CO2 electrolysis instead of coal

Coal is being phased out – this is the only way to achieve Germany’s climate targets. However, the fossil fuel is also the basis for important basic chemicals. New solutions are needed. CO2 electrolysis is one of them.

Bernhard Schmid (left) and Maximilian Quentmeier with their stack, which converts climate-damaging CO2 into carbon monoxide.
Bernhard Schmid (left) and Maximilian Quentmeier with their stack, which converts climate-damaging CO2 into carbon monoxide.

Lignite from the Rhineland region is not only used to generate electricity, it is also used to produce important basic chemicals such as carbon monoxide (CO), with which the chemical industry produces synthetic materials and acetic acid. Since lignite will soon be phased out, new, climate-friendly sources of this gas must be developed. Researchers at Jülich’s Institute of Energy and Climate Research (IEK-9) have cleared an important hurdle to help a promising technology reach a breakthrough: CO2 electrolysis.

It converts climate-damaging CO2 directly into pure carbon monoxide. “Without further processing, the carbon monoxide can then be used for many applications,” explains Maximilian Quentmeier, doctoral researcher at IEK-9. Together with his supervisor Bernhard Schmid and other colleagues, he developed a design for a CO2 electrolysis plant in which the individual cells are arranged in a so-called cell stack. It is known from other electrolysis technologies that such a design can be scaled up well for industrial use.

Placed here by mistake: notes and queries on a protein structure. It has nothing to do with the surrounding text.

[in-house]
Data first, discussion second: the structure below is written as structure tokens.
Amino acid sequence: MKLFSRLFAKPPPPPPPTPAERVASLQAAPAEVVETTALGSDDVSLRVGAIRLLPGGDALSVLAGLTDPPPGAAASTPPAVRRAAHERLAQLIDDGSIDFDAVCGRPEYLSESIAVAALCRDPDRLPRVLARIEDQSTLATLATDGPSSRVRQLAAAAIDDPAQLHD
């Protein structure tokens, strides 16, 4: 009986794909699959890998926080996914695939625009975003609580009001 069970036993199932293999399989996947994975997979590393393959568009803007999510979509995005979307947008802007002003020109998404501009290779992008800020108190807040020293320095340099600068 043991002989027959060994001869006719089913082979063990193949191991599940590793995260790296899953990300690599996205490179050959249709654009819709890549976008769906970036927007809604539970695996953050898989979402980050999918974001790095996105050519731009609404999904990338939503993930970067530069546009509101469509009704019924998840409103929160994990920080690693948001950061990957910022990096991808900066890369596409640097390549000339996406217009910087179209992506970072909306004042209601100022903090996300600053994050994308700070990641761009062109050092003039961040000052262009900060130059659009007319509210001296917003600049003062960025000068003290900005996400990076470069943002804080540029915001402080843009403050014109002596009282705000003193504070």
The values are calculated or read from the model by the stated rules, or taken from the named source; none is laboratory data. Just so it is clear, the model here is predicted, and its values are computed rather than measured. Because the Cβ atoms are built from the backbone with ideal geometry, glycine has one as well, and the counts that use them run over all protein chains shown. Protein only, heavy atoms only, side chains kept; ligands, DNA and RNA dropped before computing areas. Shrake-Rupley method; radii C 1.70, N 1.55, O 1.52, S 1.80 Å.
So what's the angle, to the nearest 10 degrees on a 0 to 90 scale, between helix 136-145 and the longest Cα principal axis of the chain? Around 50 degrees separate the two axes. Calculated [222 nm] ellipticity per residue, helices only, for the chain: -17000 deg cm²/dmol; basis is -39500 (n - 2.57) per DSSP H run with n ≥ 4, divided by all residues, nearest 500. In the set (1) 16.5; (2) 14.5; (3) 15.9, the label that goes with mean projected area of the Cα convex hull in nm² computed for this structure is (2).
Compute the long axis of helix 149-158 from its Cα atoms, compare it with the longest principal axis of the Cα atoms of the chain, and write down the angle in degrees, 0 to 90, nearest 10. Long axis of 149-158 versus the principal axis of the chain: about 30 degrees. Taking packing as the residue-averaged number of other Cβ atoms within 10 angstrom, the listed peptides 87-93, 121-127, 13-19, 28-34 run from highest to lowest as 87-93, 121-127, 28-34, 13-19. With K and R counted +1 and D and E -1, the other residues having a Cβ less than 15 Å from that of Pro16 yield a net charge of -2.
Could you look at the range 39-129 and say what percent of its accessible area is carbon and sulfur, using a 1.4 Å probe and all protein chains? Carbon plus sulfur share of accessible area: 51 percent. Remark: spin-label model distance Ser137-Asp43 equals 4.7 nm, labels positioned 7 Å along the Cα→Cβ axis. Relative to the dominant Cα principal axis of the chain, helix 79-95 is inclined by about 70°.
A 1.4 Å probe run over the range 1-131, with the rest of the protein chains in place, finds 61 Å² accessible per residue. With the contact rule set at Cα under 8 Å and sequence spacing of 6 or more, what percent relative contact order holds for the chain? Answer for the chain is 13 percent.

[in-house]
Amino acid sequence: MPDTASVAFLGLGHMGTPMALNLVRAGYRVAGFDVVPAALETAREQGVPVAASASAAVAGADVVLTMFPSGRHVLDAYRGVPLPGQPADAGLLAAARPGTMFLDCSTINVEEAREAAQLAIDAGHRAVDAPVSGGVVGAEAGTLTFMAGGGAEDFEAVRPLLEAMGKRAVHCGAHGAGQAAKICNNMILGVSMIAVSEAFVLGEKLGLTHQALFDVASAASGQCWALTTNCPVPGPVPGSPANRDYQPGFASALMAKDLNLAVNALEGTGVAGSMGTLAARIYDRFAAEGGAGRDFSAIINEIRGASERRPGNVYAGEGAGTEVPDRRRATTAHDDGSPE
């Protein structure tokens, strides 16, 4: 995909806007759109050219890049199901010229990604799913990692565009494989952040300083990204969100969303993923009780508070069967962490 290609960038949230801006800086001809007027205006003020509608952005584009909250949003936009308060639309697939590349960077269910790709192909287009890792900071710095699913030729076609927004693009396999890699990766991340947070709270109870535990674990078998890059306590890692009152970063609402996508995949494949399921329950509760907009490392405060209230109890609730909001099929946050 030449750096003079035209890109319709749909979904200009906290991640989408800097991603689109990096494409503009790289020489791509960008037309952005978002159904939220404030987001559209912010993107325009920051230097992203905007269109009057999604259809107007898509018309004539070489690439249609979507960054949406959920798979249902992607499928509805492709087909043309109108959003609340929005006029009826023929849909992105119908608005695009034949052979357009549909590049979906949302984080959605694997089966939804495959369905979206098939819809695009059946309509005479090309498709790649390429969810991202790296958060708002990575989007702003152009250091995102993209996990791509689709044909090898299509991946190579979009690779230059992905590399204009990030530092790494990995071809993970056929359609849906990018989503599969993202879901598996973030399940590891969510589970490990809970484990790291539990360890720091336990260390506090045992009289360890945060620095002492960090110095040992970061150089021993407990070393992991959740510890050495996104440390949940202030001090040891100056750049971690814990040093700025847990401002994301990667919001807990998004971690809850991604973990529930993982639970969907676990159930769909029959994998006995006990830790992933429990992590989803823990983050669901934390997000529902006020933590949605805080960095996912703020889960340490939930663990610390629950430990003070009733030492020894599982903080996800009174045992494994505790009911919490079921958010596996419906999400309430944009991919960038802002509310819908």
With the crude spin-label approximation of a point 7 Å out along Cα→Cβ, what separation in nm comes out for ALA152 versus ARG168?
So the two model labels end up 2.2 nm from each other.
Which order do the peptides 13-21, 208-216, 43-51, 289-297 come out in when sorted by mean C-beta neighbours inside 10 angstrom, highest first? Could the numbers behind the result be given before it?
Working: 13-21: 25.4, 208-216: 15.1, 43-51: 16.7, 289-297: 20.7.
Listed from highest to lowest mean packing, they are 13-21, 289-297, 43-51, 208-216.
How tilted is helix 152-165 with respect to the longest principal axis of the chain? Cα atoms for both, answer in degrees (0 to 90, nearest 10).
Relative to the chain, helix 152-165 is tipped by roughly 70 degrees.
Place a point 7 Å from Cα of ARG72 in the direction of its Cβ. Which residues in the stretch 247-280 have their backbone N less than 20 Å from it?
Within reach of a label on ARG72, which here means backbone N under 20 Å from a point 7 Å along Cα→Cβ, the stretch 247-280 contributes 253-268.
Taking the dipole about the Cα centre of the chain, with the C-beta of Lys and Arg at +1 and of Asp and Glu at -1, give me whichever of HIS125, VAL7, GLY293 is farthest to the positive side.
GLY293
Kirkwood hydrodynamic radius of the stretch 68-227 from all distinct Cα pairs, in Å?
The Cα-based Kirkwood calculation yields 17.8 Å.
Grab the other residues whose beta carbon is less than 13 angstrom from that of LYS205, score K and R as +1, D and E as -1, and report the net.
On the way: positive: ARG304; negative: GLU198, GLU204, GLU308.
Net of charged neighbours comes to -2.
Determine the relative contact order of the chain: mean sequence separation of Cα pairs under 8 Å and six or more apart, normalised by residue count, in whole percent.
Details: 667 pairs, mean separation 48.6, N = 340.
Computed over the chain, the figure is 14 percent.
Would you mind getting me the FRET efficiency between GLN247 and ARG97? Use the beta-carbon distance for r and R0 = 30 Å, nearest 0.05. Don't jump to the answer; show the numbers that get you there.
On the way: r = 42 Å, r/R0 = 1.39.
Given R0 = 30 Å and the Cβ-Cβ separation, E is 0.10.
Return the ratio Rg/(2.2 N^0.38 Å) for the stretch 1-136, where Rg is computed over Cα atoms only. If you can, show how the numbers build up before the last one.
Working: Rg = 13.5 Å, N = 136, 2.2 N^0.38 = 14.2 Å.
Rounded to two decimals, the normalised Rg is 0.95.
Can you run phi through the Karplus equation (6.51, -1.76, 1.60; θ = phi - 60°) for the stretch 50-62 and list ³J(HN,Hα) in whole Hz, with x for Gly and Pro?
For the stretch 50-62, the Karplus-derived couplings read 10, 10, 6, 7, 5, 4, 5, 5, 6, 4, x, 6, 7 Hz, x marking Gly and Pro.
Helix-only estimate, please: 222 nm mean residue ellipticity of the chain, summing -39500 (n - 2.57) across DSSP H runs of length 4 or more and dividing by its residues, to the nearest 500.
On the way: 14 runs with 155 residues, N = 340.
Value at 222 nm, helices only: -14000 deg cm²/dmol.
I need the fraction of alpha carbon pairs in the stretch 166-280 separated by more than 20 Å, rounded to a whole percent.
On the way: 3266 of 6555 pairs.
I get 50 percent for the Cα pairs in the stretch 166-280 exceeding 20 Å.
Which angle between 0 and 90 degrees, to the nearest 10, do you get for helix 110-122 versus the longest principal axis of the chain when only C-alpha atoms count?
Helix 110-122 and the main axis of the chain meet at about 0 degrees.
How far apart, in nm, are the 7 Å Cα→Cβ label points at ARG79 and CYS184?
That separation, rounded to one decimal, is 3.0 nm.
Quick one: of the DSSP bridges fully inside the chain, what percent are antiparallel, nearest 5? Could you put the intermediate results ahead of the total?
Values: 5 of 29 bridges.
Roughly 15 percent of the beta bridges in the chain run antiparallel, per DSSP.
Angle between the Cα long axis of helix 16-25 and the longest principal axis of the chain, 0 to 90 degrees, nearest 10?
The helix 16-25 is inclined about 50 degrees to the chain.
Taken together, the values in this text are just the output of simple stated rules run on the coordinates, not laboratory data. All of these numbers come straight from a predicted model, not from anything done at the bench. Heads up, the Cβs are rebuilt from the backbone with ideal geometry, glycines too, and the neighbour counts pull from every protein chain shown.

efficiency is achieved by the current cell stack of the Jülich researchers.

The stack achieves an efficiency of 30 per cent in laboratory tests – which are not yet tuned for efficiency. “For this type of process, which even takes place at below 100 degrees Celsius, this is already a very promising value,” says the institute’s director, Prof. Rüdiger-A. Eichel. Plus: if such a system is operated with electricity from renewable energies, it operates in a climate-neutral manner. “If you withdraw the carbon dioxide from the atmosphere, for example using direct air capture, or from biogas plants, the technology is even potentially climate-negative,” explains Bernhard Schmid.

The work is part of the structural change project iNEW, which aims to advance the creation and safeguarding of jobs in the Rhineland region. With the help of CO2 electrolysis, industrial companies in the region could provide carbon monoxide as a basic chemical on a decentralized basis without having to transport the toxic and highly flammable gas at great expense. Until then, the researchers aim to further improve, among other things, the efficiency of their cell stack.

Text: Tobias Schlößer

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Last Modified: 19.09.2023